MAP Gauge does not show "power"
Available pilot literature says that the MAP gauge reads out
power being used, and can therefore be used to determine how
much more "power can be pulled" (i.e. up collective.)
This is a common misconception that will be covered shortly.
The reason for this document is covered in the last section.
- Pilots of fixed-wing variable-pitch props: the parts that
talk about the gauge apply to you also, but the rest doesn't
because you guys can vary the engine RPM. Us heli
pilots have it around maximum RPM the whole time.
- There are no pictures here. The concepts are easy
to understand if you understand how an internal-
combustion engine works. (The Jeppeson Private Pilot Manual
is one resource that covers this very well. The FAA Rotorcraft
Flying Handbook is another.)
- I'm going to use short terms and acronyms where a conflict
in regional spelling or pronunciation might otherwise cause a
distraction (e.g. "carb").
- A simplified internal-combustion engine refresher
- The intake manifold venturi
- What do various reading ranges mean?
- What is MAP anyway?
- How do the controls affect it?
A simplified internal-combustion refresher
The engine is actually one big sucking machine. As the starter
engages, the pistons move, and in their intake phase they suck
air from the intake manifold. The throttle controls how much
air can go through.
It's not necessary to discuss the other parts of the engine as
they really don't relate to the MAP gauge here.
Just remember, the engine is one big air-sucking machine, and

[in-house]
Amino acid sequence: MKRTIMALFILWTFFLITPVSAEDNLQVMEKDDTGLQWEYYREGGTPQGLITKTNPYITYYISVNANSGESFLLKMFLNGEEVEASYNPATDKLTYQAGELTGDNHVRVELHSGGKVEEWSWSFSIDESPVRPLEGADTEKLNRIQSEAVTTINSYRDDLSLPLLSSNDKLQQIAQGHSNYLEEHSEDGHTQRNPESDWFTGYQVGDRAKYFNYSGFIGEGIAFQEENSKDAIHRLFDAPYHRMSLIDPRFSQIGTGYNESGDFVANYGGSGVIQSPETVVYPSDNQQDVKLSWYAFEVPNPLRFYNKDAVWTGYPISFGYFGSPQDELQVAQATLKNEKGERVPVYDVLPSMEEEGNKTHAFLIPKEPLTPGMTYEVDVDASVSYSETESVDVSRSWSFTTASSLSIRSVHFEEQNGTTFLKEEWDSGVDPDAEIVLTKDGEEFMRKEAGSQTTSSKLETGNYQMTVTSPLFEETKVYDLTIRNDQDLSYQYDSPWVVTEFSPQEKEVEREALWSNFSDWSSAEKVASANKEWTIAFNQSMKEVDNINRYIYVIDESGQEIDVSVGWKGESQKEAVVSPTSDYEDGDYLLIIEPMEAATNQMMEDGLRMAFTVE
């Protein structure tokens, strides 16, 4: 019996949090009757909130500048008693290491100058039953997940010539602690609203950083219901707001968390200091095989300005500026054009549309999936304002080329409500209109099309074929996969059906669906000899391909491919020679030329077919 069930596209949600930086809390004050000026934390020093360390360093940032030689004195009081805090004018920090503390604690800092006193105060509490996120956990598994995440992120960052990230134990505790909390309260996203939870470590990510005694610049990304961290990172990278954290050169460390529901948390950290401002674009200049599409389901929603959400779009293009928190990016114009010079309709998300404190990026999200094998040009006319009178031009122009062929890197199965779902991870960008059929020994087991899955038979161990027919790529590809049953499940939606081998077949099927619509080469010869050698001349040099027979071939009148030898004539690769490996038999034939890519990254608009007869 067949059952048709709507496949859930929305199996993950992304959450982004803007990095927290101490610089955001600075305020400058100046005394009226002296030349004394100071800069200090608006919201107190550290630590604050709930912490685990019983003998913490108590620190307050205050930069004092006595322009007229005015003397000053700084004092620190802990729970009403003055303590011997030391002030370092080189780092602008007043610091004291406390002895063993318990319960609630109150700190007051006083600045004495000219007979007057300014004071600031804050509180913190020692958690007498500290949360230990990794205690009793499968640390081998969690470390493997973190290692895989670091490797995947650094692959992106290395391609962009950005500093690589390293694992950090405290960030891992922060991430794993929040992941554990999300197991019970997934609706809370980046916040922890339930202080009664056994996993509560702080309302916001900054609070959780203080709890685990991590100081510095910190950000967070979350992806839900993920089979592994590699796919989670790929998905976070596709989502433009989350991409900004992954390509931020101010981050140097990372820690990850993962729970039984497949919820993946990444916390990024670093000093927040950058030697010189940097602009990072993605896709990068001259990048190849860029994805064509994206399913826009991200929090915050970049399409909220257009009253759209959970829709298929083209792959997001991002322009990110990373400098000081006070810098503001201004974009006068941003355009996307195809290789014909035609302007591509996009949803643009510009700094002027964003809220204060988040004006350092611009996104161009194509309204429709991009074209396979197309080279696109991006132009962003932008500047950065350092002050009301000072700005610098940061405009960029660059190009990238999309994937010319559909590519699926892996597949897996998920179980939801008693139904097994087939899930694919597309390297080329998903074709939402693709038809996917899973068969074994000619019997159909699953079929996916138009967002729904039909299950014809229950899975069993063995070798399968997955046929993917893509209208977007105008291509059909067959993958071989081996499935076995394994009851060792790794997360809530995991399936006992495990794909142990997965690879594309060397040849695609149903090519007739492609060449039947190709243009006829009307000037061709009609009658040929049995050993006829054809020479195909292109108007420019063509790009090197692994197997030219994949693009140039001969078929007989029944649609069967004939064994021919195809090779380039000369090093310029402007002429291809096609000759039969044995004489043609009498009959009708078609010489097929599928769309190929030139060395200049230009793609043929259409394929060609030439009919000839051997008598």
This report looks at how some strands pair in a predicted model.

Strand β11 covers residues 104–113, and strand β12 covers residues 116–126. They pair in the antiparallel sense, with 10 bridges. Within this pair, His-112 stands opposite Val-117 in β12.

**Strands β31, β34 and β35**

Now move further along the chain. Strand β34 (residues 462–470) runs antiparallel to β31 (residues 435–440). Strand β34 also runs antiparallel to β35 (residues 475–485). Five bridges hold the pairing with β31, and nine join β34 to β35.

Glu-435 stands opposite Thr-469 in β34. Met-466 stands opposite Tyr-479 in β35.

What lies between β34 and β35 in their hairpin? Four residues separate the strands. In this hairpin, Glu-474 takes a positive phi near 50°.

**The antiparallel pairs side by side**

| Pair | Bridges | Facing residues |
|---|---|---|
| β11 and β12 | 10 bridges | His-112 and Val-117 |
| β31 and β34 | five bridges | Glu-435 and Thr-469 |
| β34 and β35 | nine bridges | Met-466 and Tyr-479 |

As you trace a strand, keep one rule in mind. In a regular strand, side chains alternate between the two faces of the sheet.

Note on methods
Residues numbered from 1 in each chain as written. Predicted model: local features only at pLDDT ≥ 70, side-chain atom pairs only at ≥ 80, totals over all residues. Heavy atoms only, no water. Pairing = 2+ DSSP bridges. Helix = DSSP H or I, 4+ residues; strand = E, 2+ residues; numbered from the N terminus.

the intake manifold is where the air comes from, and the
throttle butterfly-valve is what restricts that airflow.
The intake manifold venturi
Depending on design, either before the throttle butterfly
valve or after exists a venturi that takes the air from the
"outside" and expands the pipe diameter thereby decreasing
the ambient pressure (but of course not changing the volume).
The intake pressure is external ambient air pressure. This
is 29.92 in hg at 0ft and 15C. Ambient air pressure decreases
by "about" 1in hg per 1000ft but of course since the atmosphere
doesn't end at 29,920ft it's a nonlinear relationship. For
heli pilots flying at or below 10,000ft this is accurate to
within 0.5in hg (at 15C).
Map Gauge and Intake Pressure
The MAP gauge has a sensor that measures this air pressure.
This is why when the engine is not turning, the MAP gauge
displays the ambient air pressure. Yes, that's right, it's
a barometer. Yes, you can check it against your altimeter.
Checking Your Altimeter Against the MAP Gauge
- Using the altimeter adjustment knob, set the pressure to
29.92in hg (pressure altitude).
- Read the altitude in thousands of feet
- Subtract that from 29.92 (or 30 to make it simpler)
- That is what your MAP gauge should read.
If your MAP gauge reads as expected skip this section.
If your MAP gauge does not read as
30-(alt/1000) then one of the gauges is in error.
Get your altitude. Possible sources are field signs,
ATIS, sectional charts, your memory from the last time
you flew, etc.
GPS receivers can make this easy to figure out.
- Get your "exact" altitude. Note
that since we only care about 1,000ft units,
if you are using a GPS so long
as the GPS reading is within 500ft its reading is
"exact enough for this.
- Subtract your exact altitude in 1,000ft
units from 29.92.
- If your MAP gauge matches the number, your altimeter
- If your MAP gauge does not match the number, note by
how far it is off, and remember to make that correction
mentally every time you look at the MAP gauge until you
can get it fixed.
Past the venturi is an area of lower pressure. The
simplest reason for this is that this lower intake
manifold pressure provides a "suction source" which
allows the carb to identify how much air is being
sucked in, and feed fuel accordingly.
There is also another MAP sensor that reads this
pressure. The MAP gauge then displays the difference
between the two as a positive number.
The MAP gauge shows a pressure DIFFERENCE
The higher the number, that means there is a huge
pressure difference, meaning there is a lot less